Sunday, 27 December 2009

Just like Freud, books are not just for Christmas, they're for life!

One of the last emails I received before we broke for Christmas was from a colleague enquiring about my presentation at the last School Staff Development Day. My colleague had seen a number of book covers flash up on the screen, but had missed the point of my slide. She wondered if I could send the full reference please. Of course the details of all the books referred to will appear in the University of Salford Institutional Repository in due course. The presentation was just me stealing a cheeky moment to advertise Creative Approaches to Health and Social Care Education.

This is the latest book edited by my colleague Sue McAndrew and myself. The book further develops our work exploring the relationship between knowledge, knowing and not knowing. The final chapter, ‘Thoughts in search of a Thinker’ provides the springboard for our work in 2010. It is a book brings together some of the brightest and most creative thinkers in the world of nurse education. The aim in what is a series of works is to explore some of the opportunities to think differently about how and why we educate our students. I think I was rather tongue in cheek, suggesting that the books might make great Christmas presents. So I was amused to see that despite the Creative Approaches book only being published on the 10th December, by the 12th of December it was possible to purchase this (as a new copy) at £2 less than the publishers listed price.

In any event, I took a copy to my parents when I went to see them last Sunday. My Dad enjoys reading everything I write, including the blog. So I was surprised when between the nut roast and Christmas pudding he asked who I wrote the blog for. It was an interesting question to ponder. I said, possibly my ‘alter ego’. However, on further reflection perhaps the blog is really an example of Freud’s Psyche Theory and the relationships between the Id, Ego, and Super ego.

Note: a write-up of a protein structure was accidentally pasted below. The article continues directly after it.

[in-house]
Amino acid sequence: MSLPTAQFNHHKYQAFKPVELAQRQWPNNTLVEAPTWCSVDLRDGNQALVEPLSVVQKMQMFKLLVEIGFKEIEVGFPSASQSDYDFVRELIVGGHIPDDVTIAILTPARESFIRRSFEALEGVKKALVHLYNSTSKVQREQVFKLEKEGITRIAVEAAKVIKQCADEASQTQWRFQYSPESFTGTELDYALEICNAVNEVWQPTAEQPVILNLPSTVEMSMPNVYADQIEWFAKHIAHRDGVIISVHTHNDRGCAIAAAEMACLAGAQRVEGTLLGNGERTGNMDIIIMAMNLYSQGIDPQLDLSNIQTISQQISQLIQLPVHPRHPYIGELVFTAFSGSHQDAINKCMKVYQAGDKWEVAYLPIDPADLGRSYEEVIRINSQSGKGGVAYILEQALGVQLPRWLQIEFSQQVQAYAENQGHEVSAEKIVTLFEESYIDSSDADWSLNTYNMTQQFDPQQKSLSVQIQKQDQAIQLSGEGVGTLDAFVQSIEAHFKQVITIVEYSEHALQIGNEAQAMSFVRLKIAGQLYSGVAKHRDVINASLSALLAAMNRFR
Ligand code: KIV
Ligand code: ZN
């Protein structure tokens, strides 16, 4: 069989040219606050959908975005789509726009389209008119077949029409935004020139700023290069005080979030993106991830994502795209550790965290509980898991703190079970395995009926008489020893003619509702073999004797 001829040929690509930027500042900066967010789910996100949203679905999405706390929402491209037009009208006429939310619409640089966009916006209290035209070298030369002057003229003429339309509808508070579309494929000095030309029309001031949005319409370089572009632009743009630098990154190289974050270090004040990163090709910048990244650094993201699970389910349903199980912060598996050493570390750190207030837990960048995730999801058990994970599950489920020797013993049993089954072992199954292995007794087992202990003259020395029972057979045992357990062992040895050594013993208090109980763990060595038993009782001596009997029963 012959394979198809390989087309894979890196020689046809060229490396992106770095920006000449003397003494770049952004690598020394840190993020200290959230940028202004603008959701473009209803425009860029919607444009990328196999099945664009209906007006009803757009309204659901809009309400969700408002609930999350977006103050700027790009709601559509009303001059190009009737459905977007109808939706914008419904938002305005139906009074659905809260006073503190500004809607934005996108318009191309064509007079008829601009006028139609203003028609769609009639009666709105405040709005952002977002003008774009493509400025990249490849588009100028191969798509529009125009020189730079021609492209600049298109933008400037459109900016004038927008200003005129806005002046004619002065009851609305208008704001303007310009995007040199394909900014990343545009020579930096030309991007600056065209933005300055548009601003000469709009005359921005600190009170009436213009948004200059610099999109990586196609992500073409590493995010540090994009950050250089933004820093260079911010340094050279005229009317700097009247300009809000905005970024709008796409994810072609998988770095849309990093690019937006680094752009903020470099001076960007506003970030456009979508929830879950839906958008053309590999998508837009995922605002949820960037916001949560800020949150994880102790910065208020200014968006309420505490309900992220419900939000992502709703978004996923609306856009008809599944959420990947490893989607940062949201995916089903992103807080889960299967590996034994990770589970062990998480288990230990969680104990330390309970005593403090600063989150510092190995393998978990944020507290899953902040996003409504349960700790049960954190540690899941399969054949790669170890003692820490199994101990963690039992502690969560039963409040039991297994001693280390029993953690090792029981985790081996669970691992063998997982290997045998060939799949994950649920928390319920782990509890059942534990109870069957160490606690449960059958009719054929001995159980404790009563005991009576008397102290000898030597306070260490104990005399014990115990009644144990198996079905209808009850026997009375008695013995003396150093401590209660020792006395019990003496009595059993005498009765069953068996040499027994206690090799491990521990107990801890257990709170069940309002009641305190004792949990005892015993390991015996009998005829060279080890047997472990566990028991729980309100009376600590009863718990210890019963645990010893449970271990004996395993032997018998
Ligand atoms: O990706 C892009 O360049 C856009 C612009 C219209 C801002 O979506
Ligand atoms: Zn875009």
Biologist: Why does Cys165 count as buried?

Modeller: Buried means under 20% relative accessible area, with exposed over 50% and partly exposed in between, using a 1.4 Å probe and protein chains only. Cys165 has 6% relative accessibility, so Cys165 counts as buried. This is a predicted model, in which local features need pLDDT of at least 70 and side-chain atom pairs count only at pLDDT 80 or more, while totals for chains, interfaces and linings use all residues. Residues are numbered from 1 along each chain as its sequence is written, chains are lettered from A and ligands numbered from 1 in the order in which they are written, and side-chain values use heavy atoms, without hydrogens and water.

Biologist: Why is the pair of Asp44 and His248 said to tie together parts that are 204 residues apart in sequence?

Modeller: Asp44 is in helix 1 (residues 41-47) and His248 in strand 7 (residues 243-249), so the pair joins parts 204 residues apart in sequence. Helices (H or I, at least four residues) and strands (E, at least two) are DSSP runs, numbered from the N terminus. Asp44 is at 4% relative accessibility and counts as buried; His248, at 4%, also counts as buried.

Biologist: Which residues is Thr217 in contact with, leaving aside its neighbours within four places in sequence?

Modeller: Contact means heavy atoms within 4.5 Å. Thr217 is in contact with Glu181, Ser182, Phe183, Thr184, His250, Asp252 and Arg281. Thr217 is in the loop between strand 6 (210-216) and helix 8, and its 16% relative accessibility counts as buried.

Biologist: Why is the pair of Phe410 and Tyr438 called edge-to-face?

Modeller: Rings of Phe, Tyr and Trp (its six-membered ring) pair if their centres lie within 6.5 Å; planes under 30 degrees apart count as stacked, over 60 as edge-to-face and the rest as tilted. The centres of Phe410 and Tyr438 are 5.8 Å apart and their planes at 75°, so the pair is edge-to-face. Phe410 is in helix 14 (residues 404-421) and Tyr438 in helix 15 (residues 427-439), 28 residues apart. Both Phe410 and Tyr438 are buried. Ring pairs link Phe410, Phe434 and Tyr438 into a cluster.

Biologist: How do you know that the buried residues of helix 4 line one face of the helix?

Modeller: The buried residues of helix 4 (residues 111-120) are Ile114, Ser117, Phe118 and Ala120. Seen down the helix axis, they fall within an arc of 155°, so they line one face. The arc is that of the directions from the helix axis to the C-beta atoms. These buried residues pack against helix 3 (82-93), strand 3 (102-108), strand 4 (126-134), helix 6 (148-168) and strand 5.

Freud described the id as being is responsible for our basic drives and basic impulses. The id is regarded as the reservoir of the libido or the ‘instinctive drive to create’. The id is unconscious by definition. The Latin term ego refers to ‘the I’. Contemporary meanings of the term ego include a sense of one’s self-esteem, an inflated sense of self-worth, or in philosophical terms, one’s self. According to Freud, the ego is the part of the mind that contains the consciousness. Freud revised his original meaning (a sense of self) to mean a set of psychic functions such as judgment, tolerance, reality-testing, control, planning, defense, synthesis of information, intellectual functioning, and memory.

The Super-ego on the other hand, aims for perfection. It comprises that organised part of the personality structure, mainly but not entirely unconscious, that includes the individual’s ‘conscience’. It is this conscience that criticises and prohibits our drives, fantasies, feelings, and actions. Thus the Super-ego strives to act in a socially appropriate manner, whereas the id just wants instant self-gratification. The Super-ego controls our sense of right and wrong and guilt. It helps us fit into society by getting us to act in socially acceptable ways. Not quite QED, but perhaps QEF (Quod erat faciendum) which appeals more to my notion of being the good enough blogger!

Anyway, I hope you all had a great Christmas Day. I was lucky enough to be able to get out early and walk for an hour around the hills and reservoirs of Horwich. The sun shone, the snow glistened, and for a short while, all was peaceful. This is the last blog of the year. I look forward to seeing you all in the New Year. I hope it will be a year where you are able to achieve all that you aim for. All the very best wishes to everyone for 2010.